Ireland's Eye: What's going on in the old sod this week
A look at news from around Ireland
TB on a Trolley
THE Irish Nurses and Midwives Organization (INMO) has called for swift and immediate action after the HSE confirmed that a patient with TB was left on a trolley in the emergency department of Our Lady of Lourdes Hospital for several days.
Three people who are understood to have been in the cubicle with the infected patient are being monitored and screened for the disease.
The HSE identified and offered screening to a number of people who have been in close contact with the infected patient, including family, partners and people living with the TB patient.
The clinical director, Dr. Dominic O'Brannagain and group general manager of the Louth Meath Hospital Group, Margaret Swords said they are treating the case as “a serious adverse incident” because of the length of time the patient remained in the Emergency Department.
However, the HSE visitors or other patients attending the department are not at risk as the overall risk of transmission of the disease is considered to be low.
Tony Fitzpatrick from the INMO said the crisis had reinforced the inherent dangers involved in having a critically overcrowded emergency department.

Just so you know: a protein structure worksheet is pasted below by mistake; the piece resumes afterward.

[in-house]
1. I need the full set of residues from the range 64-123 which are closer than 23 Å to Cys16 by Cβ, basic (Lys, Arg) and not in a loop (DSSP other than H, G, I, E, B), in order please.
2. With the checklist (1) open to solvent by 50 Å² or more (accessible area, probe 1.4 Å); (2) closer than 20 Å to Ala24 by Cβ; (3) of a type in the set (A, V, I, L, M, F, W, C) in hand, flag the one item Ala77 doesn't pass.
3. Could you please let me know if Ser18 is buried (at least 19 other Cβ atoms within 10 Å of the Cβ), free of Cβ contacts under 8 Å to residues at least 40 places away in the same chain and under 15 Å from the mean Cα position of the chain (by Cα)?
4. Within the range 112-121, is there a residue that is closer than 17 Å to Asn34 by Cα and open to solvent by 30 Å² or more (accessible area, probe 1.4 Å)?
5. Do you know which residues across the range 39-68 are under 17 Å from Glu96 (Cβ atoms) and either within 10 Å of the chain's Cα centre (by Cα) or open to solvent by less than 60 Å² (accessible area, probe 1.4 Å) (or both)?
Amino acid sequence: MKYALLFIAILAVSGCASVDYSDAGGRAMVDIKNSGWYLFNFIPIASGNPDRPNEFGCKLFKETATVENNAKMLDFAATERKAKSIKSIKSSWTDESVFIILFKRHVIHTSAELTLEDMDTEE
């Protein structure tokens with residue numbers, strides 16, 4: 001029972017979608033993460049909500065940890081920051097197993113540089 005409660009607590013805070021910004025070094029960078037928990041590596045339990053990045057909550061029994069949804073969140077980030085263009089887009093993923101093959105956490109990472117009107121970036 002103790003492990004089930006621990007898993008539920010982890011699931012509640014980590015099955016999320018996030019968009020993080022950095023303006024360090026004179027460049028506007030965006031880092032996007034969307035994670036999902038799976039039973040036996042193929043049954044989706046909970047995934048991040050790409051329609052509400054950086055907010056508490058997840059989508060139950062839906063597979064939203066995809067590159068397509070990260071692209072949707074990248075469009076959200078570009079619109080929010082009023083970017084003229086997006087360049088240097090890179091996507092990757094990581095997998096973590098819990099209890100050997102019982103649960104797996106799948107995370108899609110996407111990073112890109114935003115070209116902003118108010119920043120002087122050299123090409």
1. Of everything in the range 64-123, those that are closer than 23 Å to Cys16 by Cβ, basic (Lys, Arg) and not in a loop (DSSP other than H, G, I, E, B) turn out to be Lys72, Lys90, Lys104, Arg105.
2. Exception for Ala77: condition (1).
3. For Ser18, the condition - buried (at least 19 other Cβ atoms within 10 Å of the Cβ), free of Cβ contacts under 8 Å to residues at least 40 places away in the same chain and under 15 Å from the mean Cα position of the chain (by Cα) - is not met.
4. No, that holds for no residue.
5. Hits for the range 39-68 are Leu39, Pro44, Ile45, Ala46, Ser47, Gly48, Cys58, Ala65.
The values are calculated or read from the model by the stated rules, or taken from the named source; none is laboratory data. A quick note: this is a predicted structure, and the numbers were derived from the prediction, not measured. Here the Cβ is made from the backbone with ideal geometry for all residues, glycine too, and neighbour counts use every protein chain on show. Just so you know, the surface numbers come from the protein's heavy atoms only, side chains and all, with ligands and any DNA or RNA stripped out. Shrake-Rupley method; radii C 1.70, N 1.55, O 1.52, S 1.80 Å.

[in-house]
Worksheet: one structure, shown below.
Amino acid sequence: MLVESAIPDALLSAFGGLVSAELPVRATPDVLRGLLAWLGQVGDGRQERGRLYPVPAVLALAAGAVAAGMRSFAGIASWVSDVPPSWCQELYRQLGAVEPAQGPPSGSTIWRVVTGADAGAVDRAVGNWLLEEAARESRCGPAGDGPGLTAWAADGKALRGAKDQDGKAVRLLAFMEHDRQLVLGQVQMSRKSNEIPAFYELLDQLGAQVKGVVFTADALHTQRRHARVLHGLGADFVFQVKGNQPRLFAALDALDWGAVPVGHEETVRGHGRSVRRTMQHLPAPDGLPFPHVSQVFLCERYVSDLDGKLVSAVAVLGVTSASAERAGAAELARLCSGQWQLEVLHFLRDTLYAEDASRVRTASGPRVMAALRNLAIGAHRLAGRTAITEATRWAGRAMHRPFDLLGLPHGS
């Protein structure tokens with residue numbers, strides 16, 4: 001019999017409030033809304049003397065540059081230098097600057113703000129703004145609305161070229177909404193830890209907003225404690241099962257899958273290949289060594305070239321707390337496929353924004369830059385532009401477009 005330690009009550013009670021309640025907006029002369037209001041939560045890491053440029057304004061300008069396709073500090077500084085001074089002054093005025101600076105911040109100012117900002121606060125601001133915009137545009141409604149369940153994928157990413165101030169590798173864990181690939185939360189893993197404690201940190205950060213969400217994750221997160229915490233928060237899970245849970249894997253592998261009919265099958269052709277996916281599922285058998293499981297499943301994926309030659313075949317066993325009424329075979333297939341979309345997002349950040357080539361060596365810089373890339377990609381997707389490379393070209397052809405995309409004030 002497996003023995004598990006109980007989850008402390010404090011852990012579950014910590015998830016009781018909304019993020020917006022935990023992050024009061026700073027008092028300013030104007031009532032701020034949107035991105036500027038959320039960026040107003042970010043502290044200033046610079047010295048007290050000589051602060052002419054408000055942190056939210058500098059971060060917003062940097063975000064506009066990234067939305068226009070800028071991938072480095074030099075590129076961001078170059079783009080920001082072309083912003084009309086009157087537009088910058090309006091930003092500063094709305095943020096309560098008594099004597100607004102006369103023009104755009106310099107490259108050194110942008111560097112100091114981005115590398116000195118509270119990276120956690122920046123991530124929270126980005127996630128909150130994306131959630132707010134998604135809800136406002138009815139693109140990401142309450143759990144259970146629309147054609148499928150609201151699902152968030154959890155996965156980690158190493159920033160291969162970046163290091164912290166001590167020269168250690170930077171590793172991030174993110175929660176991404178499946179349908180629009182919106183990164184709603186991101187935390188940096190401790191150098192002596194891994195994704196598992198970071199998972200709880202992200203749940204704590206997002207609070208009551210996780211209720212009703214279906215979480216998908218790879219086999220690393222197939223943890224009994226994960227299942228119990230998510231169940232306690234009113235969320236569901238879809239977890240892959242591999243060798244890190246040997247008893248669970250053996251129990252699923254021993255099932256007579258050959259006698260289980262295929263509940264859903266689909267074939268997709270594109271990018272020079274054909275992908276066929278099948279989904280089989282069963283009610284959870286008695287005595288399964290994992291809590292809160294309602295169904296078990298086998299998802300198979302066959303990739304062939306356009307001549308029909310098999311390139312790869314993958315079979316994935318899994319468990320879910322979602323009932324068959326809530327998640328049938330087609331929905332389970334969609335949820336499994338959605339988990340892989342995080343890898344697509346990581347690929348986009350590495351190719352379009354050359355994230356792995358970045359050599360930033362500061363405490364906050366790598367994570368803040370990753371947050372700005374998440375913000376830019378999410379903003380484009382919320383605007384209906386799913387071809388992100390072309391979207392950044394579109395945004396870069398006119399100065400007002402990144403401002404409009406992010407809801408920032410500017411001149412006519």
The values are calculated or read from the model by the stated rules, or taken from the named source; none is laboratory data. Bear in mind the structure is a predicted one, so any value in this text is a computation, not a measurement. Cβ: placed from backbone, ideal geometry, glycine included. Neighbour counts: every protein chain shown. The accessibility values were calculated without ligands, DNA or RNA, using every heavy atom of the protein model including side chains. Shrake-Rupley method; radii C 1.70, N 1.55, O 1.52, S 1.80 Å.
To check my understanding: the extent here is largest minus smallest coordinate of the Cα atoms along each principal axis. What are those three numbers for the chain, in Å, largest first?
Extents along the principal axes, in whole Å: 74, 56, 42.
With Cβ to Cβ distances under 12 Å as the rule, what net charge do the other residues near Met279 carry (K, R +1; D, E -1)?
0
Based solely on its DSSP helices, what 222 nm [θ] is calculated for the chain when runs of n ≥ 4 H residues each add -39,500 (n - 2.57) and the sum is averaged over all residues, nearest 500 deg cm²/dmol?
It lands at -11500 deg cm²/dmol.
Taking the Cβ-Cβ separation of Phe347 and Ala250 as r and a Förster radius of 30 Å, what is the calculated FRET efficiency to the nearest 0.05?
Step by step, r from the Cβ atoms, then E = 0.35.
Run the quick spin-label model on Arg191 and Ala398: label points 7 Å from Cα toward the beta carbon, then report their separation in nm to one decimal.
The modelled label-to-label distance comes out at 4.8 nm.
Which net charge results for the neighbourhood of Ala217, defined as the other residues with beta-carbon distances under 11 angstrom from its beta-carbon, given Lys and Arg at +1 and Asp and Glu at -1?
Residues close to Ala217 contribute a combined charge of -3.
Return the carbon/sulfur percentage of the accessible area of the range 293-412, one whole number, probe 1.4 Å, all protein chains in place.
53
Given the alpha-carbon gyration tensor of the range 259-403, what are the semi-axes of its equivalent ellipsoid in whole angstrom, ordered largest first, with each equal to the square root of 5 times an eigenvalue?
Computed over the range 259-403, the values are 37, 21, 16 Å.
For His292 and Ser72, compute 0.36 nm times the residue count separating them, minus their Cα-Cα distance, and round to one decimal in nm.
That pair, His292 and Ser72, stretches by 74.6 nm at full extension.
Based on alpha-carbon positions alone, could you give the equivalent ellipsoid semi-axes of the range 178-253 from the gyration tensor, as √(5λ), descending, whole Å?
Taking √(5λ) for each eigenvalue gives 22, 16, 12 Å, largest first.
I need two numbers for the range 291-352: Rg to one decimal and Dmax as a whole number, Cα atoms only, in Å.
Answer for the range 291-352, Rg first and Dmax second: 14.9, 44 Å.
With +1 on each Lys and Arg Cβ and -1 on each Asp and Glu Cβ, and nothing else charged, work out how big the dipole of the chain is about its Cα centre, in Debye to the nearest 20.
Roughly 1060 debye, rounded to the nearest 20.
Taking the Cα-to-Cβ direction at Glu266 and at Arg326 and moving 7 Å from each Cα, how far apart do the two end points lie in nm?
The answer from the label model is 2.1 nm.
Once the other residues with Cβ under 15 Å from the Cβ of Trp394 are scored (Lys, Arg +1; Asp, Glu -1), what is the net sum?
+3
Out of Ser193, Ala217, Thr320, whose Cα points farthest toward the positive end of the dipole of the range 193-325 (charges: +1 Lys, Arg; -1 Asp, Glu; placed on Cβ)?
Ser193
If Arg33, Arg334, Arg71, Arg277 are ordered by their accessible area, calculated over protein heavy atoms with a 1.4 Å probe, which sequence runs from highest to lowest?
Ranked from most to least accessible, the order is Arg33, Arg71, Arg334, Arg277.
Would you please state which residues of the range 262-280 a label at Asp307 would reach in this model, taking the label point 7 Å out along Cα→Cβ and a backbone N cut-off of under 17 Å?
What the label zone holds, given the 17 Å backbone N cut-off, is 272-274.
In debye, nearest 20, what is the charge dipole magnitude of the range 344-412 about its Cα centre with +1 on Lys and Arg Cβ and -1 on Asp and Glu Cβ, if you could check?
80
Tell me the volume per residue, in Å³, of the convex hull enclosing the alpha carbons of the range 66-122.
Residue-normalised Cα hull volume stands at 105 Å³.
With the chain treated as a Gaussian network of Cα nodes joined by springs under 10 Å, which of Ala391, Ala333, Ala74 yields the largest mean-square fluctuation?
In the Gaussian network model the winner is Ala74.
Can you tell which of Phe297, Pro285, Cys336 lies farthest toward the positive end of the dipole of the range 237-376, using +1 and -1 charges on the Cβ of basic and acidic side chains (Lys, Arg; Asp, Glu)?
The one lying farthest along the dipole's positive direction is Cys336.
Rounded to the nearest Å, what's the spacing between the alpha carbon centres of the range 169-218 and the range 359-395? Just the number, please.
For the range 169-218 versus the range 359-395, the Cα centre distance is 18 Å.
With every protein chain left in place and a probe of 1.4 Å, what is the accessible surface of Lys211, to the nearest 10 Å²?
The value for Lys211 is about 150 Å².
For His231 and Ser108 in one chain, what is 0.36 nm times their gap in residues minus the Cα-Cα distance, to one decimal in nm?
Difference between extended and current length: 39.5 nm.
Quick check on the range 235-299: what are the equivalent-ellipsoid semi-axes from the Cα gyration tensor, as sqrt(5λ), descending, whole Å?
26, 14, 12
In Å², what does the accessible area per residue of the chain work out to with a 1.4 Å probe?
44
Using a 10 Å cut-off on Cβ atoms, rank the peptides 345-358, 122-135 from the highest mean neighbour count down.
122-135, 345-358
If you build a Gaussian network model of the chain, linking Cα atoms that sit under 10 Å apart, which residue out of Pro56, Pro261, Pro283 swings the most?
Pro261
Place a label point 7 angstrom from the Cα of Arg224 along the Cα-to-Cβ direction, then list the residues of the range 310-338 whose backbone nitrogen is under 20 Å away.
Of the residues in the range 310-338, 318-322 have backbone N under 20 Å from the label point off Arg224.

“It is unsafe and unacceptable,” he said.
“The HSE needs to learn lessons from what is happening. The cannot keep defending the indefensible.”
Fitzpatrick said morale among staff in the hospital is extremely low as the situation seems to deteriorate every week.
A NEW survey of disadvantaged Northside Dublin schools found sharp increases in discipline problems, a rise in attendance issues and dramatic cuts in help for children with special needs.
The survey of school principals carried out by the North Dublin branch of the Irish National Teachers' Organization (INTO) also reveals that 20 local schools have lost a total of 59 teachers over the past three years, with 16 of them taken from special needs pupils.
A total of 27 teachers were taken from traveler children in 18 schools, and 74% of principals have reported an increase in the challenges facing traveler children, with another 16% predicting issues arising in the near future.
According to the survey, the cutbacks are having a devastating impact on pupils with special needs. Nine out of 10 principals say they’ve already witnessed increased challenges for children with special education needs in their schools, while the other 10% are predicting challenges ahead.
In the survey, 70% of the principals stated monetary cutbacks imposed to date had affected their ability to cater for students, and many expect conditions in disadvantaged schools to get worse.
Some 45% say discipline issues will rise and a further 30% expect more problems in the future. Thirty percent also report rising attendance issues, with another 30% predicting the problem to increase.
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